Fall Out Boy have been enjoying something of a renaissance of late. Since reuniting in late 2012 after a three-year hiatus, they’ve released the pop-infused 2013 album Save Rock And Roll and the hardcore mini-album, PAX AM Days just six months later. Most recently, they’ve announced a string of UK arena shows which begin in October. Now, as the quartet teeter on the brink of the release of their sixth full-length American Beauty/American Psycho, here’s a track-by-track guide for your edification and delight…
**Irresistible **A lush fanfare ushers in album number six as Patrick Stump’s soulful voice sparks into life over a pounding beat. The production is on another level, too, with a bank of synths and electronic rhythms making their presence felt from the off. Joe Trohman and Stump’s guitars have been regulated into to the background on this one, and while this is a bold and emphatic way to open AB/AP, this exploration into fresh territory could leave older fans cold.
**American Beauty/American Psycho **Now, what the hell is going on here? For a first listen, early evidence suggests the band have scrapped their old sound entirely, as an unrelenting Euro-dance beat and constant ‘woah-woah’ chants consume the title track. That said, it’s infectious as hell, but let’s just hope they park this style here and move on.
Centuries The first single released from the album was some four months ago and is one of the strongest moments on AB/AP. The epic intro, with its towering lyrics, make this an instant classic and we wouldn’t be surprised if ends up being used to soundtrack countless wrestling montages. It’s that big. Couple the music with the David and Goliath style video and you get one damn exciting combination. Expect this to be a big, big moment when they play it on their UK arena tour later this year.
The Kids Aren’t Alright The best whistled intro this side of Scorpion’s Wind Of Change flows into a synth-pop verse and a huge chorus, where Patrick’s voice just soars. There’s definitely elements of old FOB here and there, but you can tell that Patrick’s penchant for soul has become stronger in recent years. It’s entirely fair and it would be a shame to restrict his voice in any way, but there are times when AB/AP begins to sounds like a solo project. Almost.
**Uma Thurman ** Oozing character and style, this brooding number kicks in with some quick fire keys that lead into a haunting guitar lick. Full of wicked imagery, the song has a dark heart, but a melody you just can’t resist. The band had to seek approval from the Pulp Fiction actress to use her name, so if she thought it was a goer, then it’s good with us.
Jet Pack Blues Being a rock star doesn’t mean that you’re 100% happy all of the time. This song explores the loneliness that comes with long rides on endless roads, touring from city to city and country to country. This slow track gives Stump further licence to wrap his velvet vocals around its memorable melodies, while Wentz’s thoughtful lyrics complete the package.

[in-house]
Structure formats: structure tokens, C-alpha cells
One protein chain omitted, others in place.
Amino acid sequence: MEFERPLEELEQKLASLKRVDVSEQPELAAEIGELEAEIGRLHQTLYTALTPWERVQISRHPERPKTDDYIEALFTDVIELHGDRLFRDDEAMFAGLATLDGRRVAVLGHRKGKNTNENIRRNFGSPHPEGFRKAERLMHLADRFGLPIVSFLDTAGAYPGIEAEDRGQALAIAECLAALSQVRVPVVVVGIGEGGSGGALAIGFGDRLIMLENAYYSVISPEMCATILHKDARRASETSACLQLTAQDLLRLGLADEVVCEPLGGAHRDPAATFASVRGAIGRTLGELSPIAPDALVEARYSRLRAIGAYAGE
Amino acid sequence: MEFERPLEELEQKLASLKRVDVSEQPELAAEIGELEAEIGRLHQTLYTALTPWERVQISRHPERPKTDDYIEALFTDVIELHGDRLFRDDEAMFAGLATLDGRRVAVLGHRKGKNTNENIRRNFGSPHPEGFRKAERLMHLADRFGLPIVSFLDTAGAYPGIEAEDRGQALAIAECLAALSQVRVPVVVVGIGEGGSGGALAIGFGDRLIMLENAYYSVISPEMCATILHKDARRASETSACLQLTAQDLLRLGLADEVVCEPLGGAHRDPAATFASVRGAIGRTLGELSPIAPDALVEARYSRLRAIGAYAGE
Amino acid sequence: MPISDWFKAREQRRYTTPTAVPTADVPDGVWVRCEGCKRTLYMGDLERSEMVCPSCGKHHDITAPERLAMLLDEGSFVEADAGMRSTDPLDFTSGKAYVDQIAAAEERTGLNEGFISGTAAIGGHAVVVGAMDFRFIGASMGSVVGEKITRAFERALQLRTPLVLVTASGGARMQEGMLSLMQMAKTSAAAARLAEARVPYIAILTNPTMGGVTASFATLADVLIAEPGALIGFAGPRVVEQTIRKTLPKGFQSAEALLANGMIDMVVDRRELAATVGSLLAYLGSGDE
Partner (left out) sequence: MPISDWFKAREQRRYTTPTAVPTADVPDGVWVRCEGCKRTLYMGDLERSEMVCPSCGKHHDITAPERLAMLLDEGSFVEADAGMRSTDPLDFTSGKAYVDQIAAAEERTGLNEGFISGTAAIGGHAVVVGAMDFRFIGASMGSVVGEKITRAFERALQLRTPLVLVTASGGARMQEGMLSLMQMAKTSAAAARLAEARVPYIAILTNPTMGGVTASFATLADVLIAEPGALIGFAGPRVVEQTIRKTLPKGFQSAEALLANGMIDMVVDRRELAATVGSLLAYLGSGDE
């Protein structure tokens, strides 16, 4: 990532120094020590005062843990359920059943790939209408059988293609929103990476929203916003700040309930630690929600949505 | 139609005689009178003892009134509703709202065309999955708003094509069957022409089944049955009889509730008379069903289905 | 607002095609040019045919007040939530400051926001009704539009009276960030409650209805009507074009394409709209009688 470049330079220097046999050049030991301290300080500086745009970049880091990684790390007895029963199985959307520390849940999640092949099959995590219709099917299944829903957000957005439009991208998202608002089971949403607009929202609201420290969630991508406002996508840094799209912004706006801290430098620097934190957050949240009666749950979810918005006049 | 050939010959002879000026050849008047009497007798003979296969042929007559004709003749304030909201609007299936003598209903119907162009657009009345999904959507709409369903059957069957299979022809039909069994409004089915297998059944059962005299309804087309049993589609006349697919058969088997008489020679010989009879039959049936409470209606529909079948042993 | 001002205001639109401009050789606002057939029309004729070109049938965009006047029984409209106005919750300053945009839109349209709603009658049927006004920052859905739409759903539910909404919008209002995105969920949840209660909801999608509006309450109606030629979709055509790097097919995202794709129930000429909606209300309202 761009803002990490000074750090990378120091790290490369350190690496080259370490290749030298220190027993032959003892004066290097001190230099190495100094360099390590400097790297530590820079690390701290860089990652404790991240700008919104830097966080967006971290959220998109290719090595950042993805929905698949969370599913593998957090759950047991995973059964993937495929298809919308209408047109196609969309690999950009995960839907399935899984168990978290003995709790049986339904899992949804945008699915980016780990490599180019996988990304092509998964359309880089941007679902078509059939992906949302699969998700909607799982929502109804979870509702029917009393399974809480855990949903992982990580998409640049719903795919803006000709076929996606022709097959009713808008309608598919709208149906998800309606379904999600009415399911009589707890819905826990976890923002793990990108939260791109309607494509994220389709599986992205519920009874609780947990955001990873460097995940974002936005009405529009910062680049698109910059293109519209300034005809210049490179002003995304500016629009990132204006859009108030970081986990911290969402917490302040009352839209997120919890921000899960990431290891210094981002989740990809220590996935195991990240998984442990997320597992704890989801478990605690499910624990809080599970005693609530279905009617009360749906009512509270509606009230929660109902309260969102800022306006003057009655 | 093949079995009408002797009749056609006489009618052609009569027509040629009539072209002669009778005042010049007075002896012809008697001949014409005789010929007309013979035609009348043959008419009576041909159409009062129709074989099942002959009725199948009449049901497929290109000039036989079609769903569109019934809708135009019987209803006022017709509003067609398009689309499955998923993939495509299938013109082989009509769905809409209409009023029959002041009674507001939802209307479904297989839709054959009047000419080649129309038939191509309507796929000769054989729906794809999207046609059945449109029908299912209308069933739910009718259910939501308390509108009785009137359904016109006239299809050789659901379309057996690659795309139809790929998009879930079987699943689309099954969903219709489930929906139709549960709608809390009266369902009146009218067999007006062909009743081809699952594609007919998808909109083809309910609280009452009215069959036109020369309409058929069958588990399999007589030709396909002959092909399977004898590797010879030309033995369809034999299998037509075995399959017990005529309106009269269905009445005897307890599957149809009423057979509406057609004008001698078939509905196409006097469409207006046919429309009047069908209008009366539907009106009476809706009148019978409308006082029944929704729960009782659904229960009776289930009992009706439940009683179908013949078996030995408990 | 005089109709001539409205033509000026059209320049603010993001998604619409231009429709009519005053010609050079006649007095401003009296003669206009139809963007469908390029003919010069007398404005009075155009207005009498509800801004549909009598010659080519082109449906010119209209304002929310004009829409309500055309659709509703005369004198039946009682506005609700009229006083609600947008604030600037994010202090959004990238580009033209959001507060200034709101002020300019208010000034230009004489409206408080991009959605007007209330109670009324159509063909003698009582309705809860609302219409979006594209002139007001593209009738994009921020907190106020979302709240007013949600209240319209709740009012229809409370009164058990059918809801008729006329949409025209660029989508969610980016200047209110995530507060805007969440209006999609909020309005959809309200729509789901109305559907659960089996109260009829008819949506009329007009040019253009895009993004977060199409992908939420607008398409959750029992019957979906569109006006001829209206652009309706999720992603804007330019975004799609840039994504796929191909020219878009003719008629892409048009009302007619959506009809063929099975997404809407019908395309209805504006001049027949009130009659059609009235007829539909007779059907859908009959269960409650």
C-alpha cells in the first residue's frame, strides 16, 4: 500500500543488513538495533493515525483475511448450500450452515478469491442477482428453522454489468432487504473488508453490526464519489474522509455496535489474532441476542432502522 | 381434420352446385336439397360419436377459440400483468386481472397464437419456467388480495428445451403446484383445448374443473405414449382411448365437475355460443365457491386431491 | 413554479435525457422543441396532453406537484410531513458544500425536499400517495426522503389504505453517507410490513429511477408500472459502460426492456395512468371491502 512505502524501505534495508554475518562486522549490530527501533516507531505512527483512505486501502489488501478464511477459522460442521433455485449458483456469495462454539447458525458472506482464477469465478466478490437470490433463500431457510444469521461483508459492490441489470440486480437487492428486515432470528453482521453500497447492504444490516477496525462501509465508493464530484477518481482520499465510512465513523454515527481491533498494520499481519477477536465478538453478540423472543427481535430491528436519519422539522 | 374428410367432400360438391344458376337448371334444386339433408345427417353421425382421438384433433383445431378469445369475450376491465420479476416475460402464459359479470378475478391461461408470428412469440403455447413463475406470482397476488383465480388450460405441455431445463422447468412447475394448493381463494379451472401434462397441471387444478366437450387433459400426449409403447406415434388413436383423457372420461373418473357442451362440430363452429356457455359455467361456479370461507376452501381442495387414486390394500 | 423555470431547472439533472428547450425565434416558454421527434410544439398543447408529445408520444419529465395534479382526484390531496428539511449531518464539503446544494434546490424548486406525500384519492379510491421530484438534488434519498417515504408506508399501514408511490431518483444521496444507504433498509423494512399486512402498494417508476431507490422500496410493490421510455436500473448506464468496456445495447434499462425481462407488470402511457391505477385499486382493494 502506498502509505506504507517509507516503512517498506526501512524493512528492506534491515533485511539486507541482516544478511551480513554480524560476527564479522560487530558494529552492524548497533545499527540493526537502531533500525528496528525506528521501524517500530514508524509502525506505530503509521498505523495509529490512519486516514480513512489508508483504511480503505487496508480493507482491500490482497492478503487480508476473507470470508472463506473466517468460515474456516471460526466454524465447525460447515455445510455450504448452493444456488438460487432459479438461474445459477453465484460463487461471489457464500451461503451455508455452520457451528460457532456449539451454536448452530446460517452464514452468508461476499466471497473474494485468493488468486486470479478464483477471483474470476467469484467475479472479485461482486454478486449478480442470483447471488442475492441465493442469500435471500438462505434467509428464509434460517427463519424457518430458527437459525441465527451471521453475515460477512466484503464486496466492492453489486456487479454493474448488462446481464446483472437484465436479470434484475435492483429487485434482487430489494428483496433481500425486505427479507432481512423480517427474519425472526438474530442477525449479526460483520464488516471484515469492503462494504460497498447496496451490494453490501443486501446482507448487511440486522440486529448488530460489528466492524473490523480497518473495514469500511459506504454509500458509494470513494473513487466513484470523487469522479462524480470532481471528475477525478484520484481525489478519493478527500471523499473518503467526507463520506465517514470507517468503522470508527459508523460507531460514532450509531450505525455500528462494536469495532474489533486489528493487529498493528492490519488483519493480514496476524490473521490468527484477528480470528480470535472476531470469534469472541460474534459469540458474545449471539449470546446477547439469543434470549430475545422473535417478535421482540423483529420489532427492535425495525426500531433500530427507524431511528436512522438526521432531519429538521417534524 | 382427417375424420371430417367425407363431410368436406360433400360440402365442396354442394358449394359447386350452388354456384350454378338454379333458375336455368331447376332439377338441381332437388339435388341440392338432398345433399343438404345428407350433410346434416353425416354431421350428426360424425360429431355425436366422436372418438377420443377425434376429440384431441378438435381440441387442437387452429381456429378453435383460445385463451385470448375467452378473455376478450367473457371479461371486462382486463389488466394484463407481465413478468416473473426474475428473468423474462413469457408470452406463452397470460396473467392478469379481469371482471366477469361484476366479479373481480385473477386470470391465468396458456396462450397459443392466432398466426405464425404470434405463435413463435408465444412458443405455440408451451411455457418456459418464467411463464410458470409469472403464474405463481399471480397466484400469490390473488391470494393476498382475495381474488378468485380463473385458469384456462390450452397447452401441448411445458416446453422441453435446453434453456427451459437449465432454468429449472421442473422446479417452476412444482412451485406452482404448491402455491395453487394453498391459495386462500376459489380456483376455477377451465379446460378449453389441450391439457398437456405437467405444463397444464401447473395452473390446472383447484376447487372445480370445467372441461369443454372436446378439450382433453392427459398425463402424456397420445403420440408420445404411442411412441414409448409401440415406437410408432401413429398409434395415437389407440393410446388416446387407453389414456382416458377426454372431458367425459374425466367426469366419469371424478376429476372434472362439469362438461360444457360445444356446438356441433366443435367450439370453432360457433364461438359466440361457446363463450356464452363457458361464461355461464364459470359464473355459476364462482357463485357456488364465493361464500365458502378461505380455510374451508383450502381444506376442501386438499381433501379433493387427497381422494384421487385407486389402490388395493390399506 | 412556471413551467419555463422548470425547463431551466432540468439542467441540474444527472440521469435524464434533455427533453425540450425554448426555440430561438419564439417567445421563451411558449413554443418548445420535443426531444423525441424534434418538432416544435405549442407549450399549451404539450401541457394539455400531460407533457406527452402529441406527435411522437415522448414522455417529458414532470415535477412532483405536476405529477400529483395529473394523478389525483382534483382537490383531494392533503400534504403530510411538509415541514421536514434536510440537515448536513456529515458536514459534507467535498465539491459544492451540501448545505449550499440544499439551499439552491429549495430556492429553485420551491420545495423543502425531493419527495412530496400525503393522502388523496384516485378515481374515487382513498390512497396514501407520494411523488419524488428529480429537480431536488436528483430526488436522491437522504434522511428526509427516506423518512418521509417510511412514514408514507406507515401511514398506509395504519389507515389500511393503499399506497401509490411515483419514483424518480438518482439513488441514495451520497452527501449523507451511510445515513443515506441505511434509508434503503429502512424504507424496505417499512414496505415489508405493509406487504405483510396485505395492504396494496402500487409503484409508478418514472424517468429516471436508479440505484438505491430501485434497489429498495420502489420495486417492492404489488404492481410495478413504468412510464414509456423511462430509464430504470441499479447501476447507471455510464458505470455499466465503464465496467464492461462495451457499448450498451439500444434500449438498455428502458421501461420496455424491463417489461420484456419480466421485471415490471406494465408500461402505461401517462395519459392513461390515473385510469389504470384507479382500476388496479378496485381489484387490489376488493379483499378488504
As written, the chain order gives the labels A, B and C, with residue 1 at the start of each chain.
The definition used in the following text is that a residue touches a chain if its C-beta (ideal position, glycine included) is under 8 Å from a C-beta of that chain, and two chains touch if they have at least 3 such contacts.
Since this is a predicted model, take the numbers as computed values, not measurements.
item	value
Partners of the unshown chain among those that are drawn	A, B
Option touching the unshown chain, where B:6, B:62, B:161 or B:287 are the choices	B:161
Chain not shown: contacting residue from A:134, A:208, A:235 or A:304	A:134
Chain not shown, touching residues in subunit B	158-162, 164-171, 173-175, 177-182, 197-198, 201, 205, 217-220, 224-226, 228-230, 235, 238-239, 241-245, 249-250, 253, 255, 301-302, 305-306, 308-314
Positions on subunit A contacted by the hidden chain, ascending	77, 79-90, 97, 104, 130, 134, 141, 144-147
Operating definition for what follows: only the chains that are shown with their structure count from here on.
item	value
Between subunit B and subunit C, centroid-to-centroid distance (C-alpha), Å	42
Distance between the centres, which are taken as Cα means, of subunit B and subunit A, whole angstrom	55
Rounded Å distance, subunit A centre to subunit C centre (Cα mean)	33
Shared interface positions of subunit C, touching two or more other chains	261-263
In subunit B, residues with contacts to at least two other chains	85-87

Novocaine This song starts off dark and deep with the lyrics, “I am your worst nightmare”, but then gradually blossoms into a urgent beat backed up by a dirty guitar riff. It works far better than the hyper-tempo title track. If it was Fall Out Boy’s intention to create an album full of songs that would ignite dance floors worldwide, then they’ve certainly nailed it – this song is a prime example.
Fourth of July They’ve worked with producers such as J.R Rotem (Rihanna, Lil’ Kim) and SebastiAn (Kanye West, Daft Punk) and their influences can be clearly felt throughout the album. Stump’s melodies soar on this celebratory anthem, which is packed with synths and electronica beats. It’s a shame, though, that drummer Andy Hurley and guitarist Joe Trohman don’t get a chance to shine here, or indeed many other places on this album.
Favorite Record Kicking in with a summery riff, this reflective song warms the soul and makes full use of Fall Out Boy’s affinity for those infectious ‘woah woah’ moments. This song is one of the poppiest on the record and it’s unlikely that most fans would listen to it if it wasn’t a Fall Out Boy song. However, the band are exploring new territory and evolving their sound – it’s the kind of song that will capture their expanded audience’s heart and never let it go again.
Originally released as part of the Disney film Big Hero 6 soundtrack, this song boasts a filthy melody, deep crunching guitars and tribal beats. Immortals is one of the biggest moments on the album and is up there with Centuries, scale-wise. FOB have always had a knack for penning huge choruses, but on AB/AP, they’ve honed it down to a science. A really hummable science.
Twin Skeletons (Hotel in NYC) A fine finale, Twin Skeletons has everything the album stands for encapsulated in one song: big beats, big choruses and big ideas. Once again filled with evocative imagery, Stump’s voice once again shines through and excels when he gets grittier in the verses. There’s so many layers on Twin Skeletons that you’ll notice new things with repeated listens, and with songs as good as this, American Beauty/American Psycho is an album you’ll return to time and time again.